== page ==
But what does your husband think?

But what does your husband think?

When a Congolese university student recently asked Secretary of State of the United States, Hilary Rodham Clinton what her husband thought about an international financial matter, her response was, “My husband is not secretary of state, I am. I am not going to be channeling my husband.” (Debates exist over whether there was a translation glitch. The latest reports indicate that there wasn’t).

The subsequent US media attention was overwhelming.

The Associated Press described Clinton as “snapping” and “incredulous.” The New York Post and New York Daily News deemed the moment cover story worthy, with The Post blaring: “Blowing a Power Fuse” and the News proclaiming, “Clinton Loses Cool.”

The question remains if the portrayals of Clinton’s reaction came courtesy of her gender?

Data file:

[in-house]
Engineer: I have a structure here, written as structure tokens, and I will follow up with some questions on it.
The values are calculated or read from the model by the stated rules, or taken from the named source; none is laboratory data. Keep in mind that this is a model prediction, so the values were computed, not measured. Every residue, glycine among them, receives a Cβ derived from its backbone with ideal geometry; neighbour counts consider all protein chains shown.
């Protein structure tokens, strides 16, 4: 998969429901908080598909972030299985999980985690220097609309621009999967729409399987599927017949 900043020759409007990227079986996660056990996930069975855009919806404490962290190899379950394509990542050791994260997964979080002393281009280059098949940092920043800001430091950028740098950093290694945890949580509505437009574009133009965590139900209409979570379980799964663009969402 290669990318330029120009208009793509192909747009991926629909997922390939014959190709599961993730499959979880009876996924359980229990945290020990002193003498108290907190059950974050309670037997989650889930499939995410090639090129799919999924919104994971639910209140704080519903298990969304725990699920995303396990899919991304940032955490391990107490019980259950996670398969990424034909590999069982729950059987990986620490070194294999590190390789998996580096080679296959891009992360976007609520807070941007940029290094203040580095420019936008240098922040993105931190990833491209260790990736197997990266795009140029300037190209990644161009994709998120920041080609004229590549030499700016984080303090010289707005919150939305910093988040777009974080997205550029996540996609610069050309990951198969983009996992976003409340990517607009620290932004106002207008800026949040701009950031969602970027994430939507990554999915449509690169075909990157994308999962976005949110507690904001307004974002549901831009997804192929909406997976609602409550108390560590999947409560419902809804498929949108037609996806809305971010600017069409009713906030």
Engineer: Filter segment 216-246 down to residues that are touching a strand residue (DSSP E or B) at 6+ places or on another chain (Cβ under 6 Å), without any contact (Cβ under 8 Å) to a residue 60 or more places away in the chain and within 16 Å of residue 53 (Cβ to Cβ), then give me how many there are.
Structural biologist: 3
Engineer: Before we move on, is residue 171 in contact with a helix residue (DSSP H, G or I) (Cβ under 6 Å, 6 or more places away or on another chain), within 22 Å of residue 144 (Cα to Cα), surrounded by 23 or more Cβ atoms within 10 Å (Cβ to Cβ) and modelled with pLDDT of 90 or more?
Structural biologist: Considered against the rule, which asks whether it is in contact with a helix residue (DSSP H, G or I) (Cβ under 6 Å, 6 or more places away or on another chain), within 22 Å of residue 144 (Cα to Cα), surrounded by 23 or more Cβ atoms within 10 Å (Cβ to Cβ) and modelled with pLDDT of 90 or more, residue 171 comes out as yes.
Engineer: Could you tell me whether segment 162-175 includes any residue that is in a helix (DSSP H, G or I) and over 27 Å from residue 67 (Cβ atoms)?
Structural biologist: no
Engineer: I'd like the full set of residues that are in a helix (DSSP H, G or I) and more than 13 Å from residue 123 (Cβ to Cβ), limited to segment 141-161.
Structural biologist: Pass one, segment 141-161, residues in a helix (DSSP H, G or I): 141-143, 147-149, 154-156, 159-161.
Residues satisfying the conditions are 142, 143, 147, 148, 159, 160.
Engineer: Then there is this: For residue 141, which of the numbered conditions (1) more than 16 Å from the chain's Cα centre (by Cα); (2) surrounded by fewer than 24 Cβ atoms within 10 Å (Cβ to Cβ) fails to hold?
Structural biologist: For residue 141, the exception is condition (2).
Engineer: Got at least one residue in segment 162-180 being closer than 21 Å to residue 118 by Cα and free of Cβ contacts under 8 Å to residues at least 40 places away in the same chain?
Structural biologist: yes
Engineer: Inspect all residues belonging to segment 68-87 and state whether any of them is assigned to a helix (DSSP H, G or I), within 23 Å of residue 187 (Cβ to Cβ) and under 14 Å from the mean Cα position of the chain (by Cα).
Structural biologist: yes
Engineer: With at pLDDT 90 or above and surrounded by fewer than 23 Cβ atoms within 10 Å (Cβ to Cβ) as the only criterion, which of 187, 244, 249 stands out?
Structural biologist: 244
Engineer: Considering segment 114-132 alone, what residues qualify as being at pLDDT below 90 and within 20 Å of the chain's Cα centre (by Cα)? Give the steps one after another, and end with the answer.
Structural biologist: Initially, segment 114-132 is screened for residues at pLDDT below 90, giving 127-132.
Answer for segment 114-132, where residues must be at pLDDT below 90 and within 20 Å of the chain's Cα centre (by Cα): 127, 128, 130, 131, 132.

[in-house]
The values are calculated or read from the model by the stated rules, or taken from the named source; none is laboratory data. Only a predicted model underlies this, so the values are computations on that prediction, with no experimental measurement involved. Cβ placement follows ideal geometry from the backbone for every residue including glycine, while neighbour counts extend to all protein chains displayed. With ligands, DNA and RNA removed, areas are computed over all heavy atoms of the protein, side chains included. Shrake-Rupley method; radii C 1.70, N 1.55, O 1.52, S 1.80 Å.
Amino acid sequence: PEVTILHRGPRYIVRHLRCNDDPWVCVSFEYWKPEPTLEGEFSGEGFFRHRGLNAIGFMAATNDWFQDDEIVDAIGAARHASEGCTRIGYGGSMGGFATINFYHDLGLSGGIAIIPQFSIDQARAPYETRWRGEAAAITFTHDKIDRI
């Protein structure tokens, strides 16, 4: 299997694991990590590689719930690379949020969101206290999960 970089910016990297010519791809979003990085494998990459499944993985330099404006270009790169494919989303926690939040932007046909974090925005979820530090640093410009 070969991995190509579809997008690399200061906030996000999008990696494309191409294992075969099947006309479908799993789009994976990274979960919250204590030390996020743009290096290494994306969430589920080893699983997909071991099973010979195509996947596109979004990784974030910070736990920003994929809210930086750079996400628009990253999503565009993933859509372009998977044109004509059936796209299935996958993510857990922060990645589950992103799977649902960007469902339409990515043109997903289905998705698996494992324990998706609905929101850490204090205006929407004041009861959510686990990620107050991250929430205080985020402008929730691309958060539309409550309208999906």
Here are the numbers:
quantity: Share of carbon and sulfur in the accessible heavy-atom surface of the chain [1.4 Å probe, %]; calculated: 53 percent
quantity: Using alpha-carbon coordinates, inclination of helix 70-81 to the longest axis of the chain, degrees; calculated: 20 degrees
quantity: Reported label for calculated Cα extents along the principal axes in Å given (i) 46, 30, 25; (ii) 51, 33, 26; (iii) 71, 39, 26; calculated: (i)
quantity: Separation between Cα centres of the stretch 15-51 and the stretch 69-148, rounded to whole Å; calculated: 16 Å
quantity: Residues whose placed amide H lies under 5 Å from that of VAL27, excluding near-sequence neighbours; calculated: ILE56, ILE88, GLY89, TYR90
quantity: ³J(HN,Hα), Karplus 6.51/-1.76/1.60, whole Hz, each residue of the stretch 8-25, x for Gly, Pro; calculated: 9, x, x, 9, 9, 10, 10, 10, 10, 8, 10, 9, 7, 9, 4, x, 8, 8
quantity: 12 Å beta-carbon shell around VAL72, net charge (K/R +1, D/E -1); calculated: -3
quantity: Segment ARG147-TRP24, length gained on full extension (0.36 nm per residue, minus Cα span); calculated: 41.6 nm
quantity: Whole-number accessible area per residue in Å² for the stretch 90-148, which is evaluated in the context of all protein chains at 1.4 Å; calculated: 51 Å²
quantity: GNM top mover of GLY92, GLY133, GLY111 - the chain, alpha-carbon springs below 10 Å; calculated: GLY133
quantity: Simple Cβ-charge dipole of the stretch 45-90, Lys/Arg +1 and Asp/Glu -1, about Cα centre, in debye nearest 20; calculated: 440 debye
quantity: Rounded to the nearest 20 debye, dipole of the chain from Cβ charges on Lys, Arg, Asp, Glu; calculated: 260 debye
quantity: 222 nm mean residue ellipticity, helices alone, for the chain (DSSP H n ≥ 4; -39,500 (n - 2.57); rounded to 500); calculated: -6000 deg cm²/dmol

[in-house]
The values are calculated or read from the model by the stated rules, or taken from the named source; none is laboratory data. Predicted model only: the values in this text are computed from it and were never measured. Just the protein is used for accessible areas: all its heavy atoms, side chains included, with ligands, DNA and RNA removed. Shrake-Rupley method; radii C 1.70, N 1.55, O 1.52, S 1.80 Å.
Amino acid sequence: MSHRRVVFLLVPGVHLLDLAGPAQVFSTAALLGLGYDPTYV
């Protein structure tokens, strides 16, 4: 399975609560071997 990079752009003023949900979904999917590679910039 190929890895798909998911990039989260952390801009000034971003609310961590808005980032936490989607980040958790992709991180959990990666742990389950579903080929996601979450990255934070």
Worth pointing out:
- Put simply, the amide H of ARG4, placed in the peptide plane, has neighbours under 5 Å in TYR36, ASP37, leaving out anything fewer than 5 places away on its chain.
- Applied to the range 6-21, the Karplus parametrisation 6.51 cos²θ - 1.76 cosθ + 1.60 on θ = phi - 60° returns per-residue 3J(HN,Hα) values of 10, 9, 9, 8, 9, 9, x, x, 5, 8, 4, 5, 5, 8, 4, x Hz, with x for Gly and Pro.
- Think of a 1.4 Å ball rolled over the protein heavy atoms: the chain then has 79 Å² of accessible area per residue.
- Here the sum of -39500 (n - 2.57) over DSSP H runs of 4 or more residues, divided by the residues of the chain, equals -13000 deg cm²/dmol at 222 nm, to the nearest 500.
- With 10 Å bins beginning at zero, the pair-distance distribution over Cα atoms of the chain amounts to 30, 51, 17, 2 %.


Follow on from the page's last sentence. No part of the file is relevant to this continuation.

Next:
According to Keli Goff, writer at TheLoop21.com, that is the case:

“If someone had asked former Secretary of State Colin Powell what his lovely wife Alma thought of a particular policy issue, my guess is he would have been incredulous too. But the reality is no one would ask Secretary Powell that. I know some might argue that it is an unfair comparison, that Secretary Clinton is unique because she is married to a former president, but how many times was the most recent President Bush asked to articulate the policy positions of his father, the former president?”

Goff writes, “After watching the footage all I saw is a woman who has spent her entire life trying to be her own person and despite her best efforts, is being deprived of the opportunity to do so (…) Secretary Clinton did nothing but tell the truth and if that makes critics uncomfortable then that is a greater reflection on their gender attitudes, than on whether or not she has an attitude.”

Mette Mikkelsen

Female Navigators

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